At 35 weeks pregnant, your big day is just around the corner, and this is probably one of those times where the list of to-dos doesn’t seem to come to an end.
You probably can’t contain your excitement, but there’s no reason to add stress to your pregnancy, because you’re baby will makes its debut when it’s ready!
In terms of size, your baby is as big as a honeydew melon and has roughly five more weeks to go until its arrival. One thing to note is that starting from 35 weeks, your baby will keep plumping up but will not get any longer.
When you come to an end of your eight month of pregnancy, you may be experiencing one or more of these week 35 pregnancy symptoms.
We’ve said it time and time again that you need to get in as much fiber as possible and drink lots of water during your pregnancy. If you tried hi and low and just can’t find a solution for your constipation, you may want to speak to your doctor if its okay to take stool softener or fiber supplement.
Due to your baby applying pressure on your bladder, you may feel the need to urinate more often. But even the frequent urge to pee should not stop you from drinking lots of water, because you may be at risk of preterm labor if you don’t.
These generally occur in the hips and pelvis area, and may make you feel uncomfortable at times. On a brighter note, this means that your body is preparing to deliver your baby in different ways such as loosening the ligaments so that he or she can make their way out of your uterus and into the real world.
Great chances are that you’ve already been experiencing these in the past few weeks, only that they will tend to get more frequent and stronger in your 35th week of pregnancy. When you do get these contractions, make sure that you’re well hydrated and are resting well.
Your belly is growing by leaps and bounds, and in terms of numbers, your uterus has grown exponentially compared to its original size.
Starting week 35, you can expect to gain approximately a pound a week until you give birth, and a little more if you’re pregnant with twins.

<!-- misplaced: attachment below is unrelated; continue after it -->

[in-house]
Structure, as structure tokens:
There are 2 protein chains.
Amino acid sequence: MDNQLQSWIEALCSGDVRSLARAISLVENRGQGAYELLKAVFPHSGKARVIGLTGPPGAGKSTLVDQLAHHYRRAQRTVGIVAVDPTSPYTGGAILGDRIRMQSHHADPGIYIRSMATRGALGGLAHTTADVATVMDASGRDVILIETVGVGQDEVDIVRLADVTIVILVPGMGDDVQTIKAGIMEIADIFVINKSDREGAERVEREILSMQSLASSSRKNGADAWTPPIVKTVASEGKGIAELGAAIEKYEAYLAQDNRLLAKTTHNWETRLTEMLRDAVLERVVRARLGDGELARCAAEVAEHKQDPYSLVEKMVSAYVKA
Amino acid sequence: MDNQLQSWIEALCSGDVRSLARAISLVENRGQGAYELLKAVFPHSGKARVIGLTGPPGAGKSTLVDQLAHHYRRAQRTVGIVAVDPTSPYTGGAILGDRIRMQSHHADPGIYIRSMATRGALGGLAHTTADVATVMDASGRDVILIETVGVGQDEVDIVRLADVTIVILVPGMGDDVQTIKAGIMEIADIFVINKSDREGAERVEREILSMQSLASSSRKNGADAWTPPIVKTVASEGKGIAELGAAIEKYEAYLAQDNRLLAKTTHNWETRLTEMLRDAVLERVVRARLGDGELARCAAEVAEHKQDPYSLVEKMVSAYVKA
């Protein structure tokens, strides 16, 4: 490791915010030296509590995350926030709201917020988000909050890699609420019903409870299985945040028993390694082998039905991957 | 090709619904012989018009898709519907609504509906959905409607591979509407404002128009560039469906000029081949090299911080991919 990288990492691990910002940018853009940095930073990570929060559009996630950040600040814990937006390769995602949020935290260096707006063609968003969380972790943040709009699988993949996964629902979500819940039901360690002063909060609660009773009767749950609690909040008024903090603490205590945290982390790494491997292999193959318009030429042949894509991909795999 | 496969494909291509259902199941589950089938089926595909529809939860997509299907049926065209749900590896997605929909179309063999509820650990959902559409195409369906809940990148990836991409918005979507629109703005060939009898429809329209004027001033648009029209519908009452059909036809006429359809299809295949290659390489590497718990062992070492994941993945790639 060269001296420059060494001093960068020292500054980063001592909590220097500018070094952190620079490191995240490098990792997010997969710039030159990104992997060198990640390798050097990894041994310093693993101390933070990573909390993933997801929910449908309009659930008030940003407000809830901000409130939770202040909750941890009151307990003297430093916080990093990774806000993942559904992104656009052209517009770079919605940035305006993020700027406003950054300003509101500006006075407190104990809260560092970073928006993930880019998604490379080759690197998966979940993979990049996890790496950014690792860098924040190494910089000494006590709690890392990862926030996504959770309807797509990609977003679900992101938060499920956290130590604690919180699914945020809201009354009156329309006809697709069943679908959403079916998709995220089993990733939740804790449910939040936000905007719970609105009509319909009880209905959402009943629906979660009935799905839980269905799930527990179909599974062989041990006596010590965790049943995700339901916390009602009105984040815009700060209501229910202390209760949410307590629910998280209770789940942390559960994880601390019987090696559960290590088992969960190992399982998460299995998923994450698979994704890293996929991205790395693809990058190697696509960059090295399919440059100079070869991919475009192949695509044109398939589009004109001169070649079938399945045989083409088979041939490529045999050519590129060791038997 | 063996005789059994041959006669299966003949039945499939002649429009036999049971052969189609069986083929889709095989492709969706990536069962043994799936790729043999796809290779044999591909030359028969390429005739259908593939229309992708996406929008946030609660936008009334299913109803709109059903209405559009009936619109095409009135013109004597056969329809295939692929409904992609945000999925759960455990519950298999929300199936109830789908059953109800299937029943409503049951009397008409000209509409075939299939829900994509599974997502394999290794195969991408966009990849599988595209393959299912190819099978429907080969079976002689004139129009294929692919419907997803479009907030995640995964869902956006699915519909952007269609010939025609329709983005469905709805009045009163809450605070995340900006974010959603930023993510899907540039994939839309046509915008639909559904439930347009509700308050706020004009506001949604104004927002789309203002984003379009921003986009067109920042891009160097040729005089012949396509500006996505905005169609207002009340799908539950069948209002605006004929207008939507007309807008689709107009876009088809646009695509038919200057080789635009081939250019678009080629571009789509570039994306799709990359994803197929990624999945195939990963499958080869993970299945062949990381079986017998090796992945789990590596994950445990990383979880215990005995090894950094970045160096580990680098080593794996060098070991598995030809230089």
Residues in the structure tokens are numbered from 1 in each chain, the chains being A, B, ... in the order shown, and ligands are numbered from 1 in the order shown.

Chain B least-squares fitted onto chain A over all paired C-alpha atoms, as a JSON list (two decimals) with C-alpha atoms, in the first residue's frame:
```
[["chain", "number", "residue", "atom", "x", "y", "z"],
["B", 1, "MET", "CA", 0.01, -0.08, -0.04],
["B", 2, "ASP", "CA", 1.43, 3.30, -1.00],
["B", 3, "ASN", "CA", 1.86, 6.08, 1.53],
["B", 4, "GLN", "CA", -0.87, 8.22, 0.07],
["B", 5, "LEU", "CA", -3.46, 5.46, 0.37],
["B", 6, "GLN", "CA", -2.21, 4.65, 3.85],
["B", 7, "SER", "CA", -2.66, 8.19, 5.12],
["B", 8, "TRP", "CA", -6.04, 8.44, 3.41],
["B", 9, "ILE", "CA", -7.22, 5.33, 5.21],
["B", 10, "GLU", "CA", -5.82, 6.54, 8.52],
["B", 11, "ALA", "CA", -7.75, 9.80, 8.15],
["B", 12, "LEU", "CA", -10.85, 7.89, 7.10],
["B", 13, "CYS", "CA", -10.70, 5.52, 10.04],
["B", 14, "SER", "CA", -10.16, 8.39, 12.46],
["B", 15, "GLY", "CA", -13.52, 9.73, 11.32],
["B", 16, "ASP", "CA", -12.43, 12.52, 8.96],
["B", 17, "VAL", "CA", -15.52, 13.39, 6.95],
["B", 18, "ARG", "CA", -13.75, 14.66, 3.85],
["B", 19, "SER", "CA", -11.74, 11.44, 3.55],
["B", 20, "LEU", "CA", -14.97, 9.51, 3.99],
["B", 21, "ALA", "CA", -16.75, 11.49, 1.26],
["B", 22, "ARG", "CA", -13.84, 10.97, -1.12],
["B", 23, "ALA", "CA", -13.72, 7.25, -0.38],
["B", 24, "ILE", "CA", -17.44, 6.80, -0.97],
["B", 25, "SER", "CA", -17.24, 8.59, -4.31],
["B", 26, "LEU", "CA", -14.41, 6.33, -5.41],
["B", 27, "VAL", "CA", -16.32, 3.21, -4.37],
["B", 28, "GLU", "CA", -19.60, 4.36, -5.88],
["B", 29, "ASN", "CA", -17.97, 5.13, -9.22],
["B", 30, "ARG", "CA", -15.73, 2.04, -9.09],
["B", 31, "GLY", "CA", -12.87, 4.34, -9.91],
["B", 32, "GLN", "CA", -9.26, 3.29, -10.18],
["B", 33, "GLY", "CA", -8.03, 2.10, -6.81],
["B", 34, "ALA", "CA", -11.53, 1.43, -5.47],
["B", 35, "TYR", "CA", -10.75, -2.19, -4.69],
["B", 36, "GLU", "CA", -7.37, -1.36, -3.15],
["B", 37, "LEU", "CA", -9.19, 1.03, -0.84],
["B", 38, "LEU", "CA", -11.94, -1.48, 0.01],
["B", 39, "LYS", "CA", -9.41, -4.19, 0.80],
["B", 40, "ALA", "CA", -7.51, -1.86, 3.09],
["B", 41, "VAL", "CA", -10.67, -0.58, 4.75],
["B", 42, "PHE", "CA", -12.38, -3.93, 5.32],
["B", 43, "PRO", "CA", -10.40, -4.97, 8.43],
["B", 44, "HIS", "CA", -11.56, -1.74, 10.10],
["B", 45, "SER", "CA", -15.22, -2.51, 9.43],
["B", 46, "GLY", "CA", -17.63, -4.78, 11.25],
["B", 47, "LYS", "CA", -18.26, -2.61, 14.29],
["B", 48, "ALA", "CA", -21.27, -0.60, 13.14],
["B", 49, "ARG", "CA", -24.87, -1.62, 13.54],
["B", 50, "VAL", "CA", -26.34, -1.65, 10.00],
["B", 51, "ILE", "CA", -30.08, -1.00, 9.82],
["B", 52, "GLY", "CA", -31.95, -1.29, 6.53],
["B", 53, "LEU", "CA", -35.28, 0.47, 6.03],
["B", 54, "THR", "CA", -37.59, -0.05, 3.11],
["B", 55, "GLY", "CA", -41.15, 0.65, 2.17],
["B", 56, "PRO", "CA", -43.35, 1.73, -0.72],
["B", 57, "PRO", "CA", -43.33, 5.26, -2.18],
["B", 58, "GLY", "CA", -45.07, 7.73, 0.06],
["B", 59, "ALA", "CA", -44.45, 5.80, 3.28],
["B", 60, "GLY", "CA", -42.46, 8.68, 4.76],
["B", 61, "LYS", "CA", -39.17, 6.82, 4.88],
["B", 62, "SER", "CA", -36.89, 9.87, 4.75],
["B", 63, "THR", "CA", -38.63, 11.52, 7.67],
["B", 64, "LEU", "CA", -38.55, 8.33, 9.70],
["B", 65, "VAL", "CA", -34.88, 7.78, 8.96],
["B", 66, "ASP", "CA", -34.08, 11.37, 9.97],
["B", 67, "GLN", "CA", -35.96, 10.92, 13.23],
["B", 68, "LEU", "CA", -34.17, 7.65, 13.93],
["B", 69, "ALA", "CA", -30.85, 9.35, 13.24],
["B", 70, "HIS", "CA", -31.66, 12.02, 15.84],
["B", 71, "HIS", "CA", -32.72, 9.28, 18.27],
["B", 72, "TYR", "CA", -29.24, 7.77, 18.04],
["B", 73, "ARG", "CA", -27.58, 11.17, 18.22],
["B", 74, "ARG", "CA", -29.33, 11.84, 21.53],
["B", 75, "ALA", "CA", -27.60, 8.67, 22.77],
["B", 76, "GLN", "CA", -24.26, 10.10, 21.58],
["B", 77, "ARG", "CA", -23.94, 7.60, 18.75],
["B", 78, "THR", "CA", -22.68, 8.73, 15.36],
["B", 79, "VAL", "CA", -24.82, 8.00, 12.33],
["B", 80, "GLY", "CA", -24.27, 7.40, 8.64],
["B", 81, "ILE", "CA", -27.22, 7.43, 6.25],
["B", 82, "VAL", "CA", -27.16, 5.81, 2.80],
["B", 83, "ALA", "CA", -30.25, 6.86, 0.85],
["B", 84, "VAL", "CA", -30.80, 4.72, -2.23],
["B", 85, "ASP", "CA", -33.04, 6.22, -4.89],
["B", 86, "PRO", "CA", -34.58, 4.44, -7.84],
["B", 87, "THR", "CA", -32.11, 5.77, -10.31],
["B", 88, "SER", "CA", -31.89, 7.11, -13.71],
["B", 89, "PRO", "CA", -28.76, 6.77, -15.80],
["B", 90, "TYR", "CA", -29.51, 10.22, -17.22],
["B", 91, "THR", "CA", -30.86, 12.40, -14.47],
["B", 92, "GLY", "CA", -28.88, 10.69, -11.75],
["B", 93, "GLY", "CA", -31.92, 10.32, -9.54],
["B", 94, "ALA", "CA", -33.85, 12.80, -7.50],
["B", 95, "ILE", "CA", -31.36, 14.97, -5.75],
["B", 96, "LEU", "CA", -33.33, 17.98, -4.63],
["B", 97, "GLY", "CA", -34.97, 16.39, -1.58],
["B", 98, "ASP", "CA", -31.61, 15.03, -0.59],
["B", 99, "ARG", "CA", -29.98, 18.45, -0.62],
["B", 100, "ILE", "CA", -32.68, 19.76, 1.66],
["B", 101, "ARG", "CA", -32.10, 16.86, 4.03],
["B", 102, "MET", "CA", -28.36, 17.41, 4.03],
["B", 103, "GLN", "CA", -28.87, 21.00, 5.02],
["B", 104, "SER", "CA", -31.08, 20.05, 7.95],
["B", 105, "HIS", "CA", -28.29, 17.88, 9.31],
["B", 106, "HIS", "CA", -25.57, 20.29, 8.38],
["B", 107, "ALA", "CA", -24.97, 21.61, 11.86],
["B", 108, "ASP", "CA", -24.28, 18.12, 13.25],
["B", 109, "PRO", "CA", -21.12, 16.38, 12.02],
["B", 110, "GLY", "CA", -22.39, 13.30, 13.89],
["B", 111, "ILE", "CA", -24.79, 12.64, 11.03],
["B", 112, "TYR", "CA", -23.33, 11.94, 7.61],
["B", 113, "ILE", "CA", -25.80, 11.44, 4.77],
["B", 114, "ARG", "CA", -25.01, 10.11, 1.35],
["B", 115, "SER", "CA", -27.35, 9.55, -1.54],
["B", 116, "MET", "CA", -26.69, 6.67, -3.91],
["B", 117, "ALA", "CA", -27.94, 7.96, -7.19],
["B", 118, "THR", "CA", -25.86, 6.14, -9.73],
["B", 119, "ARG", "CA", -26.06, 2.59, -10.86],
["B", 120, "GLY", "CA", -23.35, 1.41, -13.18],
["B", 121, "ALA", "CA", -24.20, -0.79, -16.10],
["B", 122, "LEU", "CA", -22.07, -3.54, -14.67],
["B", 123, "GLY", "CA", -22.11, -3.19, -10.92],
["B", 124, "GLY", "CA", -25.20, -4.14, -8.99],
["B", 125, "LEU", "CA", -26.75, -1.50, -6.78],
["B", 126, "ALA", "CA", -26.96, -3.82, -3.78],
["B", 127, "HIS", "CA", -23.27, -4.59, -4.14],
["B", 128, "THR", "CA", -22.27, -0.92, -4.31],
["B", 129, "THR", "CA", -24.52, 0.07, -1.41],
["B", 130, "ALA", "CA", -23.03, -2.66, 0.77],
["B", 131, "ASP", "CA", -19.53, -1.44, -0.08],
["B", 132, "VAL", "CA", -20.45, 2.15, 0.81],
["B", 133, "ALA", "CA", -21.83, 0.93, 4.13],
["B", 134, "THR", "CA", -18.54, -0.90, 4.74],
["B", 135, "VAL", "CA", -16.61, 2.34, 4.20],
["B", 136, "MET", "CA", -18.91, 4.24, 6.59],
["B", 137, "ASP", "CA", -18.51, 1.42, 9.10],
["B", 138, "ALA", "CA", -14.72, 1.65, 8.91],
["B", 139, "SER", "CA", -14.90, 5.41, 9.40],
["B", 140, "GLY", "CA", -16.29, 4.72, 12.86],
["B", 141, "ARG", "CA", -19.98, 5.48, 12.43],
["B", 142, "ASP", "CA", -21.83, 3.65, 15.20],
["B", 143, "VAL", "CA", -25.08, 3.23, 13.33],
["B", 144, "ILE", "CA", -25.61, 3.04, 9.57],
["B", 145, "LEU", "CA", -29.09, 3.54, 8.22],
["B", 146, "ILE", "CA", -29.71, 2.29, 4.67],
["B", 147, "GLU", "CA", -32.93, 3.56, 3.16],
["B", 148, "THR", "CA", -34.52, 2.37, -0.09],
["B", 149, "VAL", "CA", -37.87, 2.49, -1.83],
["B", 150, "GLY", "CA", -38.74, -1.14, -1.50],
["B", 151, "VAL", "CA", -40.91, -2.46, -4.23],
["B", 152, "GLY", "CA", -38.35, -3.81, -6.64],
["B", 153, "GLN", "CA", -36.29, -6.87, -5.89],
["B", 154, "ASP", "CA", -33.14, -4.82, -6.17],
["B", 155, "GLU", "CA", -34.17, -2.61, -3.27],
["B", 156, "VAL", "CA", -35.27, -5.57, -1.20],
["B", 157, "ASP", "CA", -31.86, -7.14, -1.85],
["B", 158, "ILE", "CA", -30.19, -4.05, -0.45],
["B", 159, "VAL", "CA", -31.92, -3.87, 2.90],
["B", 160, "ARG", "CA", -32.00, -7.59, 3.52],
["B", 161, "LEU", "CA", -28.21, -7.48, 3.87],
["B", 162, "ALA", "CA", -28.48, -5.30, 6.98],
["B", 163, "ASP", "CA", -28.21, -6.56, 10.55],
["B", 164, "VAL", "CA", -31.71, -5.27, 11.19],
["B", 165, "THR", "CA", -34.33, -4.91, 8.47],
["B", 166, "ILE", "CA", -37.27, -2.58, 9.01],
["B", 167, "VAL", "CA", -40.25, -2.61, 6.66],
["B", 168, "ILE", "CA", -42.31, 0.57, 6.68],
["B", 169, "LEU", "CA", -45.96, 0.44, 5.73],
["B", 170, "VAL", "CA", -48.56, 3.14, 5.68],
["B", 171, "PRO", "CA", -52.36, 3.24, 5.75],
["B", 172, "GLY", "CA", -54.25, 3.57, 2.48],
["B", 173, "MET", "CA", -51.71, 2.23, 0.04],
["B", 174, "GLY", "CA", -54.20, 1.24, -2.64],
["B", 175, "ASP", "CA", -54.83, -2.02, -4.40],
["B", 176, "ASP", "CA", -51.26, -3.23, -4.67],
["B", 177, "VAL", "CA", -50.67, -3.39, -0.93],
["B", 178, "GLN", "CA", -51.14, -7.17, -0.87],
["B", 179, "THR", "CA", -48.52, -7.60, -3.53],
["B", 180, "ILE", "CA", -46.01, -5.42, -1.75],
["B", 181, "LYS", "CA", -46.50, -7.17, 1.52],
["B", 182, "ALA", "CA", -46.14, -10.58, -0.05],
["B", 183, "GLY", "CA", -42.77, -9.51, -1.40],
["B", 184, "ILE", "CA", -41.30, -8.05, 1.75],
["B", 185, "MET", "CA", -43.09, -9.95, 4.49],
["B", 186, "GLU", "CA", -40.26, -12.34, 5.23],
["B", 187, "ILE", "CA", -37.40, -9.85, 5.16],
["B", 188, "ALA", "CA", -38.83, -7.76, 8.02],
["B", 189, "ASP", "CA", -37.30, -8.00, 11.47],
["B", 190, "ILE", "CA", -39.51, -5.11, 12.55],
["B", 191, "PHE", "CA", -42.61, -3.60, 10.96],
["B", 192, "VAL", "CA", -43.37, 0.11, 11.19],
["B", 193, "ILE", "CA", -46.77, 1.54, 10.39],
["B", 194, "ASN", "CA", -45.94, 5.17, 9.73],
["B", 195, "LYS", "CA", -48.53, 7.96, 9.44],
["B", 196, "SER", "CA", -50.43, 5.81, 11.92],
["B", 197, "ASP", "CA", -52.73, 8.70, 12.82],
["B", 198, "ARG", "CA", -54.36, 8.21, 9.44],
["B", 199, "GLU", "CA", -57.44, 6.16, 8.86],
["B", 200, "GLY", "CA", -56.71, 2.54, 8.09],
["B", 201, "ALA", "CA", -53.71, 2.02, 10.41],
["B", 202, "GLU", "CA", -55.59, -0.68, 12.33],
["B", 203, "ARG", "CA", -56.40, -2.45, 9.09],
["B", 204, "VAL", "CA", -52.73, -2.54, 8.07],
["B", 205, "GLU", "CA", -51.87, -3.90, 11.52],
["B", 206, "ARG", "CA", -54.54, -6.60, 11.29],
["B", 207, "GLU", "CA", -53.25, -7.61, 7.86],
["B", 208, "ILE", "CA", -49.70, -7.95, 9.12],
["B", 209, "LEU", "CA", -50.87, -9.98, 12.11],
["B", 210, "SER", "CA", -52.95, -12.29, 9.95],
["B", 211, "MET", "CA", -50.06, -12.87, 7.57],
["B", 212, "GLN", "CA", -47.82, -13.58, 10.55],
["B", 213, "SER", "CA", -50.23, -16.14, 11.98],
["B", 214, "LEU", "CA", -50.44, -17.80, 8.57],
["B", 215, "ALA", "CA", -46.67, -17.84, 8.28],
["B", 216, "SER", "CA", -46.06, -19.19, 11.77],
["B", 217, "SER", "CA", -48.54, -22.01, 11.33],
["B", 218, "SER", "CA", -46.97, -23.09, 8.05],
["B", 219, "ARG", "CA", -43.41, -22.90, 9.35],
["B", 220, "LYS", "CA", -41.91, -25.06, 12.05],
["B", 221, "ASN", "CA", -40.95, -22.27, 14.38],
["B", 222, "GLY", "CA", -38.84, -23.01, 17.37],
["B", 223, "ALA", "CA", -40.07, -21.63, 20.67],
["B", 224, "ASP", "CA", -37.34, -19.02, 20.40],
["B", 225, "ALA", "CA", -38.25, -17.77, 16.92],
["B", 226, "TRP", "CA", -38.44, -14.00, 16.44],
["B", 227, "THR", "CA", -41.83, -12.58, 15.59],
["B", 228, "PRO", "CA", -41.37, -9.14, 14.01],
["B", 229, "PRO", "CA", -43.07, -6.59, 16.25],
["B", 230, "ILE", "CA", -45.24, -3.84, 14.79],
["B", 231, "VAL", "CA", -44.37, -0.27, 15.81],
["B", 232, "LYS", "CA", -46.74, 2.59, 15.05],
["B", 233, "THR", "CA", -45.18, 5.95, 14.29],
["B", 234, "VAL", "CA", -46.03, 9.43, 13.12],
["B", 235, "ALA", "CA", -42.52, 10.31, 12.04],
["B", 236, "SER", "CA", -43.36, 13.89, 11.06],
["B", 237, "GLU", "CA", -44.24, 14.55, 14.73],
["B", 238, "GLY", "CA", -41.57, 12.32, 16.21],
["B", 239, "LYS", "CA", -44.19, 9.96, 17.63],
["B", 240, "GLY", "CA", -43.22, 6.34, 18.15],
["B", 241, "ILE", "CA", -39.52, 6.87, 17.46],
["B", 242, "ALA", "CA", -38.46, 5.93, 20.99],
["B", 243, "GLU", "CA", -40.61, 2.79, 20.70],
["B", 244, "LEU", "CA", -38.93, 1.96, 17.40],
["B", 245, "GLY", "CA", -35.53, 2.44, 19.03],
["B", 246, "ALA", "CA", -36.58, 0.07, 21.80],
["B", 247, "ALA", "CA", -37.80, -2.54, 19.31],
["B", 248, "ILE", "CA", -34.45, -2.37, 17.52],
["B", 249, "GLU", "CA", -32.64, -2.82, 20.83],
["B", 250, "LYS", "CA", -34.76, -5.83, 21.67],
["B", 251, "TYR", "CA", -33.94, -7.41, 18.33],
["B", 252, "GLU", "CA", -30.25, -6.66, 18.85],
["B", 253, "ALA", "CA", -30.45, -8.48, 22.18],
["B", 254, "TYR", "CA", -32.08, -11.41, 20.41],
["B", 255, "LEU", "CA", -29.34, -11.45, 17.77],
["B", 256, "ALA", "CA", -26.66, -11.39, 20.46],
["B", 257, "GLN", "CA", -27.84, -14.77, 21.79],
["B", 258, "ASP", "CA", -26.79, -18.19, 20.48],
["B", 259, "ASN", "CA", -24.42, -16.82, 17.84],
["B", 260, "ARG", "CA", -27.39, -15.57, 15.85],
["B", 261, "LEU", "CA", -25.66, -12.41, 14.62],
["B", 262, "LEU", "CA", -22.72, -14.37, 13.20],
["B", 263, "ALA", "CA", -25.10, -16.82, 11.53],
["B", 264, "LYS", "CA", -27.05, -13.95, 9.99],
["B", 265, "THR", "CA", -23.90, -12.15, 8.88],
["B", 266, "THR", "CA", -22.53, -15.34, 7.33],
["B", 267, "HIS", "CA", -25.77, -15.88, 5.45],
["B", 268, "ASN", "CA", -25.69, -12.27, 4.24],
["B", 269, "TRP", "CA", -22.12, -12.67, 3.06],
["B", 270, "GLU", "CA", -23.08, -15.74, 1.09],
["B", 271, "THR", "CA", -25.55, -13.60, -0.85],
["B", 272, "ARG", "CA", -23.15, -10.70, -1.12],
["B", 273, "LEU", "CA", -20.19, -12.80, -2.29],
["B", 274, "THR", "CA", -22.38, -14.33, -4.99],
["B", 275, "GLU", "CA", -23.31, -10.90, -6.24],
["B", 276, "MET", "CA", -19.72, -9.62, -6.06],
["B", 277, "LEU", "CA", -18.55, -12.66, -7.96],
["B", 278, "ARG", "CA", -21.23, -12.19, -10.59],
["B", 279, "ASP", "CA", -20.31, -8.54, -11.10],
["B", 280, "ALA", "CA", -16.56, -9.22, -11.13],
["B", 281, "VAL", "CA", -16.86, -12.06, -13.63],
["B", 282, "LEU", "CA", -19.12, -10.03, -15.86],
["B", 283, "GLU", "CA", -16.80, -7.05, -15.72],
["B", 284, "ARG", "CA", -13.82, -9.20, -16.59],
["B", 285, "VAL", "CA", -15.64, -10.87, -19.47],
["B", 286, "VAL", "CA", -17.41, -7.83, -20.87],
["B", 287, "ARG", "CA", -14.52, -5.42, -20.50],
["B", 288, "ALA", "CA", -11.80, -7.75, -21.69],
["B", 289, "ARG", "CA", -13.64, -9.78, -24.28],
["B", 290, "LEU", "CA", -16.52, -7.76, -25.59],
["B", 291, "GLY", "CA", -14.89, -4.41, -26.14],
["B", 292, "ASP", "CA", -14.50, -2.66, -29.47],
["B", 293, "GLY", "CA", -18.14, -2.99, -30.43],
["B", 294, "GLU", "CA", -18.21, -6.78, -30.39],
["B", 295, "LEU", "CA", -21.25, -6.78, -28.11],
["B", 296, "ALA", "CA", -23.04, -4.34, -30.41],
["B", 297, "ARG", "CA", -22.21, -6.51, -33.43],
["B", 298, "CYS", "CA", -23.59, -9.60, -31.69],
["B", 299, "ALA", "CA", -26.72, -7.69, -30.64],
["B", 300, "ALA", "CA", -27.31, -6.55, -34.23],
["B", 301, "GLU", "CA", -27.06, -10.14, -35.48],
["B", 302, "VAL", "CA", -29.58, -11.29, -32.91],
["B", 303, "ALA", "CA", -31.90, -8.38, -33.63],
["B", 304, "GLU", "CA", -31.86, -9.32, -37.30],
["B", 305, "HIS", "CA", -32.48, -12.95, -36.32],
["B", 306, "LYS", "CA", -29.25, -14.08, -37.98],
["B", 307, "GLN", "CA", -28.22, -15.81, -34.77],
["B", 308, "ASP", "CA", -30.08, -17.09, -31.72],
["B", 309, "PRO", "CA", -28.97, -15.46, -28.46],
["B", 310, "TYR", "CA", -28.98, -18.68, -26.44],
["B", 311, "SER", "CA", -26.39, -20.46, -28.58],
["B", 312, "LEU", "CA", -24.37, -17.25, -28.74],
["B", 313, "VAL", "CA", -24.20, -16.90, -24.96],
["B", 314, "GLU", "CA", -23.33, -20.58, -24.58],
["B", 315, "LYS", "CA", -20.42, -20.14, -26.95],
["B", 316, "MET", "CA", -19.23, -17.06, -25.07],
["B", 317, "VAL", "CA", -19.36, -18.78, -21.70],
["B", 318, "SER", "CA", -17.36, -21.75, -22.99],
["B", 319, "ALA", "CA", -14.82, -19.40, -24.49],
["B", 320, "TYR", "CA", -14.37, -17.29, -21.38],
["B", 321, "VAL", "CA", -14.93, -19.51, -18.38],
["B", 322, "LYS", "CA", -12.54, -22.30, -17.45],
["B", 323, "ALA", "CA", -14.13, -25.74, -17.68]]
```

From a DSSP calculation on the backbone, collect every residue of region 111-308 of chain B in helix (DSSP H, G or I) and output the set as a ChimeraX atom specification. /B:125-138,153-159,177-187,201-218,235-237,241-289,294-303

There are few signs of labor where you may need to call your OB and get cracking such as:
These are not the same as Braxton Hicks contractions, because are more painful than on your pregnant belly or back.
If you notice some oozing that looks less than discharge, but more like water flowing, your water may have broken.
These types of contractions happen frequently and do not seem to stop. If you notice contractions that are roughly five minutes apart, get in touch with your OB immediately.
At 35 weeks pregnant, your baby’s hearing is fully developed, and even though you may not have a 35 week ultrasound
If you were to take a sneak peek inside your belly you would see that his testes have fully descended.
You may have a Group B Strep test when you’re 35 or 36 weeks pregnant, which tests your vaginal area and rectum for bacteria to ensure it is not present. Even though these bacteria will not make you sick, it may harm your baby if they get exposed to it right after birth.
Your baby when you’re 35 weeks is considered full term and looks pretty much fully developed. In terms of size, a 35 week old fetus measures approximately 18.19 inches and weighs 5.25lbs.
Your baby may feel a bit upset considering that it have less room to maneuver , so if they were doing summersaults earlier, they definitely aren’t at this stage of your pregnancy.
In other week 35 baby developments, its liver and kidneys are fully developed where the former can also process some waste products. Since most of its basic physical development is almost complete, the upcoming few weeks of pregnancy will be spent putting on weight.
Educate yourself on the signs of labor
Think of the best ways to announce your baby’s arrival
Keep important number handy preferably on speed dial